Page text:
National Flood Insurance Program (NFIP)
The National Flood Insurance Program (NFIP) was created with the passage of the National Flood Insurance Act of 1968. The goal of the program is to help mitigate future losses caused by flooding through community enforced building standards.
Participation in the NFIP is voluntary and is based on a community's agreement to adopt and enforce, at a minimum, the Federal standards for building within a Special Flood Hazard Area (SFHA). In exchange, the Federal Government makes flood insurance available as a financial protection against flood losses.
How does the National Flood Insurance Program work?
The U.S. Congress established the National Flood Insurance Program (NFIP) with the passage of the National Flood Insurance Act of 1968. Subsequent passage of the Flood Disaster Protection Act of 1973, the National Flood Insurance Reform Act of 1994 and the Flood Insurance Reform Act of 2004 further modified and strengthened the original 1968 Act. The intent of the legislation is to help reduce future flood damage through floodplain management criteria and to provide protection to property owners through an insurance mechanism.
The NFIP is designed so that floodplain management and flood insurance complement and reinforce each other. The partnership is established on the provision that FEMA will make flood insurance available to the citizens of a community, provided that the community implements floodplain management regulations that meet or exceed the Federal minimum requirements.
A "flood" is defined as a general and temporary condition of partial or complete inundation of two or more acres of normally dry land area or of two or more properties (at least one of which is the policyholder's property) from:
- Overflow of inland or tidal waters; or
- Unusual and rapid accumulation or runoff of surface waters from any source; or
- Mudflow; or
- Collapse or subsidence of land along the shore of a lake or similar body of water as a result of erosion or undermining caused by waves or currents of water exceeding anticipated cyclical levels that result in a flood.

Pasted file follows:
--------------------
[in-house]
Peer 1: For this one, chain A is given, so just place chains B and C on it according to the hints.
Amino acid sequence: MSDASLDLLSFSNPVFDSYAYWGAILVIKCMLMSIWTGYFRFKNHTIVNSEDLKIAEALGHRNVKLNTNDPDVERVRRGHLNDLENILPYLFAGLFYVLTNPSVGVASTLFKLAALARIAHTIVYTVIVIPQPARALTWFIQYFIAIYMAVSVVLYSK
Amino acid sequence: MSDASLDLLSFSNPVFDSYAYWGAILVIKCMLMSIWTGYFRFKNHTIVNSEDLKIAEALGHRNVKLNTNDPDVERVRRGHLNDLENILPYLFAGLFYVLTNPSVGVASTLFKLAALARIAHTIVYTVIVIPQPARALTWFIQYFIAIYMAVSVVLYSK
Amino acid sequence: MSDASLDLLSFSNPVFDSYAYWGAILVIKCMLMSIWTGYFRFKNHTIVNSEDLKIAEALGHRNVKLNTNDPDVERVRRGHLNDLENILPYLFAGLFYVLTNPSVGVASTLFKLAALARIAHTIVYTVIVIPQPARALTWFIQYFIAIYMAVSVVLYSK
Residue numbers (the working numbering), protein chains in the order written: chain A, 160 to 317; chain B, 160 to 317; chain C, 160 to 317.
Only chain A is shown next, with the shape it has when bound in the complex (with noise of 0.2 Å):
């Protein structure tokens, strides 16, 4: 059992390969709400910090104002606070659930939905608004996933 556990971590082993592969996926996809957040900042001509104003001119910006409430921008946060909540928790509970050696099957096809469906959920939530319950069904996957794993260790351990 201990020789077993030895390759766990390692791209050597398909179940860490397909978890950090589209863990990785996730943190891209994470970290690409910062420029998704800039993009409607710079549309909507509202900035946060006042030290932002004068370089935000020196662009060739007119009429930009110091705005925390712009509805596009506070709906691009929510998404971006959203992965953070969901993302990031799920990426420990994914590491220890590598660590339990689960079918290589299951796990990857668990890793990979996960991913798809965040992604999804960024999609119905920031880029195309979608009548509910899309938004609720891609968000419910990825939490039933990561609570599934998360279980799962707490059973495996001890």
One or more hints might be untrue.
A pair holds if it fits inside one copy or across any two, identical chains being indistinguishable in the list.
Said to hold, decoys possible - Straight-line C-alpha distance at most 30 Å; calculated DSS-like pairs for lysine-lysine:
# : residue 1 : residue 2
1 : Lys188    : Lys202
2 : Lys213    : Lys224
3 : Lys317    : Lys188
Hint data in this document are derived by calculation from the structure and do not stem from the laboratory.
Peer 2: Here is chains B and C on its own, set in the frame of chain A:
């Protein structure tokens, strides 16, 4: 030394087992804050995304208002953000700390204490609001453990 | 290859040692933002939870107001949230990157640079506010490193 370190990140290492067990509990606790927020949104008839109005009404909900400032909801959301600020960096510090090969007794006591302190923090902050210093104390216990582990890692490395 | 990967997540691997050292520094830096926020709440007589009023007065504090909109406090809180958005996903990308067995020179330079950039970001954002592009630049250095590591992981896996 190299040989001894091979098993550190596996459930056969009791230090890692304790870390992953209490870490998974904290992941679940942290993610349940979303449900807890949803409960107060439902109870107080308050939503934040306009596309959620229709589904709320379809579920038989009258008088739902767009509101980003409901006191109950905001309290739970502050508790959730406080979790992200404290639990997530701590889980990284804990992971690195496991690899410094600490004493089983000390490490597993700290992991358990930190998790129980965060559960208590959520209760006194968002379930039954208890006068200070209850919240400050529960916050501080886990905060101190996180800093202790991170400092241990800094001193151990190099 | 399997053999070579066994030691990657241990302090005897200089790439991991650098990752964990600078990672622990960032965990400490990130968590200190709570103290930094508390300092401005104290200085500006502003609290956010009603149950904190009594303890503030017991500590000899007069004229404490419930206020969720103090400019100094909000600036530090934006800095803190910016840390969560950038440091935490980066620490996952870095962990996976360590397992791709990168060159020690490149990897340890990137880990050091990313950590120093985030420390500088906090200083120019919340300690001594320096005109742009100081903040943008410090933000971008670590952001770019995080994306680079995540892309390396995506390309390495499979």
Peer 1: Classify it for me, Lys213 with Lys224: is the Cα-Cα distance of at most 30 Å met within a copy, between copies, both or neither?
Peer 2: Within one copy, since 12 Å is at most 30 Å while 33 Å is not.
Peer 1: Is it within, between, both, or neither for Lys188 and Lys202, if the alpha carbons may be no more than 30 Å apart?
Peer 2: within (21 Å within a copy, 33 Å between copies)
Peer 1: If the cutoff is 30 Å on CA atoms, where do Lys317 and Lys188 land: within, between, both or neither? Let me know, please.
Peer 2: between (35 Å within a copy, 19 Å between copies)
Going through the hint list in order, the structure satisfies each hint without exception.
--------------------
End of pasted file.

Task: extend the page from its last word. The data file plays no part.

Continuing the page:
In general, homeowners insurance does not provide protection from damages to a structure or to contents caused by flooding and it is necessary for property owners to have a separate flood insurance policy to cover a loss cause by a flood.
How can you participate in the NFIP?
To participate in the NFIP, a community must adopt floodplain management criteria that match the flood risk data that have been provided by FEMA. These minimum criteria are set forth in 44 CFR 60.3(a), (b), (c), (d) or (e). By adopting a resolution and an appropriate level of ordinance or court order, a community can apply to FEMA for participation in the NFIP.
If your community is interested in participating in the NFIP, please visit How can you participate in the NFIP? to be taken to our enrollment information page.
Community Rating System (CRS)
The Community Rating System (CRS) is a voluntary program that recognizes and encourages a community's efforts that exceed the NFIP minimum requirements for floodplain management. The CRS program emphasizes three goals: the reduction of flood losses, facilitating accurate insurance rating and promoting the awareness of flood insurance. By participating in the CRS program, communities can earn a discount for flood insurance premiums based upon the activities that reduce the risk of flooding within the community. For more information about the CRS program, visit the Community Rating System (CRS) page.